root) can access the files.

              Specifies the the file mode of the filesystem's root (in octal

       blkdev Mount a filesystem backed by a block device.  This is a
              privileged option. The device must be specified with the
              fsname=NAME option.

              Set the block size for the filesystem. This option is only
              valid for 'fuseblk' type mounts. The default is 512.

              In most cases, this option should not be specified by the
              filesystem owner but set internally by the filesystem.

              With this option the maximum size of read operations can be
              set. The default is infinite, but typically the kernel
              enforces its own limit in addition to this one. A value of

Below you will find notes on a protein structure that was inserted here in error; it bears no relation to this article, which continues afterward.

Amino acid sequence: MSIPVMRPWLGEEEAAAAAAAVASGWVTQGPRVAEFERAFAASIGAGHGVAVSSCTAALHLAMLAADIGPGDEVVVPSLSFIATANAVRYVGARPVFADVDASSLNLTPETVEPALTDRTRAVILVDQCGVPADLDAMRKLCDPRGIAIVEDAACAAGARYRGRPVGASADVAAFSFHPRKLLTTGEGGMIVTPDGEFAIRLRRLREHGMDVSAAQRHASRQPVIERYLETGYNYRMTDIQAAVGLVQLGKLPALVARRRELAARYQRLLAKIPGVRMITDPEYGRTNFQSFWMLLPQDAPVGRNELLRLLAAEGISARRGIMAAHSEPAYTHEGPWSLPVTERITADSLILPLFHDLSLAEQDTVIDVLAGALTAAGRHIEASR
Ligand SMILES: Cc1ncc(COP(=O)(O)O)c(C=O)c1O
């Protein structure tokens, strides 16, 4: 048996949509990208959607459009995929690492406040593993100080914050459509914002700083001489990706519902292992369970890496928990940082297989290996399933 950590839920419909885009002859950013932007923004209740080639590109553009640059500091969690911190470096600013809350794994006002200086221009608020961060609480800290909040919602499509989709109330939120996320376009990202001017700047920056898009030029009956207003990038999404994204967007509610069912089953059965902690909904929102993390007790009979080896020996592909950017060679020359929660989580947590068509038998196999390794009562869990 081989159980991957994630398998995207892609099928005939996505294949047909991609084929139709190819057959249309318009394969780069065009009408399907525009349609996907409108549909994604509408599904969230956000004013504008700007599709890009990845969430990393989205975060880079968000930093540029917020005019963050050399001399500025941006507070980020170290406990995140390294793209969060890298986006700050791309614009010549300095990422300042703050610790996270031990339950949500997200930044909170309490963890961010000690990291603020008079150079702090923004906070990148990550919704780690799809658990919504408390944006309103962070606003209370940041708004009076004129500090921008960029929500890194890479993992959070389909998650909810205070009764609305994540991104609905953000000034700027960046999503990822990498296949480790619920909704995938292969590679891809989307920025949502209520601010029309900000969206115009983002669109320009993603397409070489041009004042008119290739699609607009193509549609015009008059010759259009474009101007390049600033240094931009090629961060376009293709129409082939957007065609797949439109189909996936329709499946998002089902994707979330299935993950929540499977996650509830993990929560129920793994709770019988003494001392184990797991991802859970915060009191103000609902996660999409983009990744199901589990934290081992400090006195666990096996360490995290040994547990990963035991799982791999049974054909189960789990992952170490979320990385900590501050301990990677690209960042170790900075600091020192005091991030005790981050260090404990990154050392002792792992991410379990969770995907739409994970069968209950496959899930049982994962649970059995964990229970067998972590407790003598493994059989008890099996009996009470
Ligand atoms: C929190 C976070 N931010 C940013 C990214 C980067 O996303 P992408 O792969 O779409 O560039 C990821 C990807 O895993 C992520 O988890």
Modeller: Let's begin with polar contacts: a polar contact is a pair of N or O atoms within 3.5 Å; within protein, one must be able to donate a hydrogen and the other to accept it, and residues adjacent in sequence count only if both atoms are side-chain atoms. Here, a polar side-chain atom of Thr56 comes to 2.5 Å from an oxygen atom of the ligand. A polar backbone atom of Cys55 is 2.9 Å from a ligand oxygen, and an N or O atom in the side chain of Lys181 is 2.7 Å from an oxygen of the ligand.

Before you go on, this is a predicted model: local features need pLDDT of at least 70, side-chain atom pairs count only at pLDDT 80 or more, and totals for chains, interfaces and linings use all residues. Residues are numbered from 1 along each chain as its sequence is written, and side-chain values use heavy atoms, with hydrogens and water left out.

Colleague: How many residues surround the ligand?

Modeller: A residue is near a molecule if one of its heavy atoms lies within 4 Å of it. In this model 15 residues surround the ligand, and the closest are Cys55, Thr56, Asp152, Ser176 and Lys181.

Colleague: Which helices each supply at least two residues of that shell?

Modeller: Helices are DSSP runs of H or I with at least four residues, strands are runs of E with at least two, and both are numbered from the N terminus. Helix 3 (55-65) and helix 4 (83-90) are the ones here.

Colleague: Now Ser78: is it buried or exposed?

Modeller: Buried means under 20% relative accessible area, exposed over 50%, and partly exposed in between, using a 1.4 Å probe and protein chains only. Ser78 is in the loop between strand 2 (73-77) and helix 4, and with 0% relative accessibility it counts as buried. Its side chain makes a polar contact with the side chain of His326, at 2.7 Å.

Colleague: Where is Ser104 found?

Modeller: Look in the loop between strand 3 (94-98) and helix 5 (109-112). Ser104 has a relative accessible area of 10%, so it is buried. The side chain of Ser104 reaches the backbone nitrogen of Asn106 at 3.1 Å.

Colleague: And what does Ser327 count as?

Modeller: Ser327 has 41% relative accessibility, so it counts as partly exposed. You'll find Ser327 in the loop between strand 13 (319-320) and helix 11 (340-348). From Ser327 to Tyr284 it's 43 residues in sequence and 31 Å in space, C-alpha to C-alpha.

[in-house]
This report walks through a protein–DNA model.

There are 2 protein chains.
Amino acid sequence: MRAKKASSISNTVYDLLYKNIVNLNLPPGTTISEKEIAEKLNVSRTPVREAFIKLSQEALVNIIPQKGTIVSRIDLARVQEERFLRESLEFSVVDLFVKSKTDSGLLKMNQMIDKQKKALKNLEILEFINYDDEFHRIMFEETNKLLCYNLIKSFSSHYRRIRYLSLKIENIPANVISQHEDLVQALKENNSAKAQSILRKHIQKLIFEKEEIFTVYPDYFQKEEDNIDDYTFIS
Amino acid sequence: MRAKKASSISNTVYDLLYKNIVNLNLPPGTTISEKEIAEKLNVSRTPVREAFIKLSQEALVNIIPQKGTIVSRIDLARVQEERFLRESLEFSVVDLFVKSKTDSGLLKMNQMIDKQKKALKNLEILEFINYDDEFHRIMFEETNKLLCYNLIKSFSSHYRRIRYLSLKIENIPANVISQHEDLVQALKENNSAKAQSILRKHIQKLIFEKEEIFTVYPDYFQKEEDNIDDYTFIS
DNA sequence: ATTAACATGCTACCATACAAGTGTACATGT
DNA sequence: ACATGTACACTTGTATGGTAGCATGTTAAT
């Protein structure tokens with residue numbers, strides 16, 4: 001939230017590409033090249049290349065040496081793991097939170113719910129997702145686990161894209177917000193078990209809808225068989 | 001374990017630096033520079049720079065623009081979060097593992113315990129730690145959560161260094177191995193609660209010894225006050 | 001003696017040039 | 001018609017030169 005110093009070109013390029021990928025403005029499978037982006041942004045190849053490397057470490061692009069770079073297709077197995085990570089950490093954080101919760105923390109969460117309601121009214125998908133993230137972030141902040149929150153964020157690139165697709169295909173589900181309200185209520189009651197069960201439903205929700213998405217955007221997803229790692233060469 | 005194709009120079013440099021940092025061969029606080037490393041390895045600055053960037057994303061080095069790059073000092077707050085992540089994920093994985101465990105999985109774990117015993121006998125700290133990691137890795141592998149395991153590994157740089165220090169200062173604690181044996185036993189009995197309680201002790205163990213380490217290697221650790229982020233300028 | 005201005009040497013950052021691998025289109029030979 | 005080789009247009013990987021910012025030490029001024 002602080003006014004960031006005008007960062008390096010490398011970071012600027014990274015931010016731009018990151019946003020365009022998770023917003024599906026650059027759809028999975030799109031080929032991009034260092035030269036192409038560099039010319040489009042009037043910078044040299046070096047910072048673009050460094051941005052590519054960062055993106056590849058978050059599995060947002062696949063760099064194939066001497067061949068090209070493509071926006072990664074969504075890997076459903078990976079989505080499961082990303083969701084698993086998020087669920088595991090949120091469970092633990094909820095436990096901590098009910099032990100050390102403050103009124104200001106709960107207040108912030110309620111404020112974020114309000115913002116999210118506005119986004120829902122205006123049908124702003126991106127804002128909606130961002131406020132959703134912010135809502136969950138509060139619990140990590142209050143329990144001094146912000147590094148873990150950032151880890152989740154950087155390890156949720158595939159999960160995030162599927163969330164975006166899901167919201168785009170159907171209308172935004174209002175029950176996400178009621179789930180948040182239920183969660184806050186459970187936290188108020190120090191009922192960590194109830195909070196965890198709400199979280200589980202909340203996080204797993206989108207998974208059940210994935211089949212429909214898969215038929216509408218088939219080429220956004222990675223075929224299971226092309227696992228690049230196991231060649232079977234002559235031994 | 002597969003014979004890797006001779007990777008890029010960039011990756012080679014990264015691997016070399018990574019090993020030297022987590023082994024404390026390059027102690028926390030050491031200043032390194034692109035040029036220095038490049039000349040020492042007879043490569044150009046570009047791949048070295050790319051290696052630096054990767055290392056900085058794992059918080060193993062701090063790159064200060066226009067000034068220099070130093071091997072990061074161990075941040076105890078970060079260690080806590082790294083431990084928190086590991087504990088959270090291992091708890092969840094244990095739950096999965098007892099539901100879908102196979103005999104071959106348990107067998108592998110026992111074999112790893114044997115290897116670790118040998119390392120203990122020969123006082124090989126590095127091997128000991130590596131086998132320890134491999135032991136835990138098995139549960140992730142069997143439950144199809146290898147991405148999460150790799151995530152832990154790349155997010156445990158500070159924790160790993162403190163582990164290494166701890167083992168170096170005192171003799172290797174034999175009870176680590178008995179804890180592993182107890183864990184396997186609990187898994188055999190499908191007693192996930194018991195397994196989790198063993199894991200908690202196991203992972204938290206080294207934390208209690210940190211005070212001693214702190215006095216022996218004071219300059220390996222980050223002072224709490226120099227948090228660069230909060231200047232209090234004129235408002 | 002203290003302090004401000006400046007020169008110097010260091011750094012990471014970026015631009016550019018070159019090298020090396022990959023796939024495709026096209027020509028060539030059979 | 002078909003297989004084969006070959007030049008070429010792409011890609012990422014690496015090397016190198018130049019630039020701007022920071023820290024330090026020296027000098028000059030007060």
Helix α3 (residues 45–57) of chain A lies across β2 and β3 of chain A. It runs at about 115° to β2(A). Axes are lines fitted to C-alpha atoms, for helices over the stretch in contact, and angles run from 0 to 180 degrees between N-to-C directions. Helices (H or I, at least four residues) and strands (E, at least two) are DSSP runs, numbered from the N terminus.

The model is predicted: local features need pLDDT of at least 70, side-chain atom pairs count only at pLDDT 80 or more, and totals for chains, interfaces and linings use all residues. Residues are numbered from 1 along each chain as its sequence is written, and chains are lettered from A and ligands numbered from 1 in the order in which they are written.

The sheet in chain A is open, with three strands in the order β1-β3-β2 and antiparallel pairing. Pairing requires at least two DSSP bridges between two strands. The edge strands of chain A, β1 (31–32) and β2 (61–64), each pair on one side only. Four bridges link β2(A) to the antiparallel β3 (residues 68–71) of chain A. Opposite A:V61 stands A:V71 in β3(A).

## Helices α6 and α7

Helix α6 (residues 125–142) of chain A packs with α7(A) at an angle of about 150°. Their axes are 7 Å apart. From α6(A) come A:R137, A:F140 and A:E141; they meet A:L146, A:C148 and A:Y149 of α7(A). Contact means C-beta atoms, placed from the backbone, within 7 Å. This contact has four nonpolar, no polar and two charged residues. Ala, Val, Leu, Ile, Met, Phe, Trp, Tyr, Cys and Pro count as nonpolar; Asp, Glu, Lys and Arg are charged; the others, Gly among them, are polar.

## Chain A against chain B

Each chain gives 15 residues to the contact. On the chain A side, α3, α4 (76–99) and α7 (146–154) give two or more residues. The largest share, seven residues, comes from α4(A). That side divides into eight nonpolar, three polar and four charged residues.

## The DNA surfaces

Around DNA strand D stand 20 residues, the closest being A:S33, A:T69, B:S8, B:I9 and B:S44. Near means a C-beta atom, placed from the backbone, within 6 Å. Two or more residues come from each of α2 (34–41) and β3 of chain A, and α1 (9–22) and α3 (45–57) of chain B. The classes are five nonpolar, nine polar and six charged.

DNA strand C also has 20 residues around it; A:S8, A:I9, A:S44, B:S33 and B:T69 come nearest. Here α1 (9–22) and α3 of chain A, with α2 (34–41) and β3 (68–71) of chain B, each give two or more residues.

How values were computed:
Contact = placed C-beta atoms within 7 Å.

zero corresponds to no limit.

              This option should not be specified by the filesystem owner.
              The correct (or optimum) value depends on the filesystem
              implementation and should thus be set by the filesystem

              This mount option is deprecated in favor of direct negotiation
              over the device fd (as done for e.g. the maximum size of write
              operations). For the time being, libfuse-using filesystems
              that want to limit the read size must therefore use this mount
              option and set the same value again in the init() handler.

       fd=N   The file descriptor to use for communication between the
              userspace filesystem and the kernel.  The file descriptor must
              have been obtained by opening the FUSE device (/dev/fuse).

              This option should not be specified by the filesystem owner.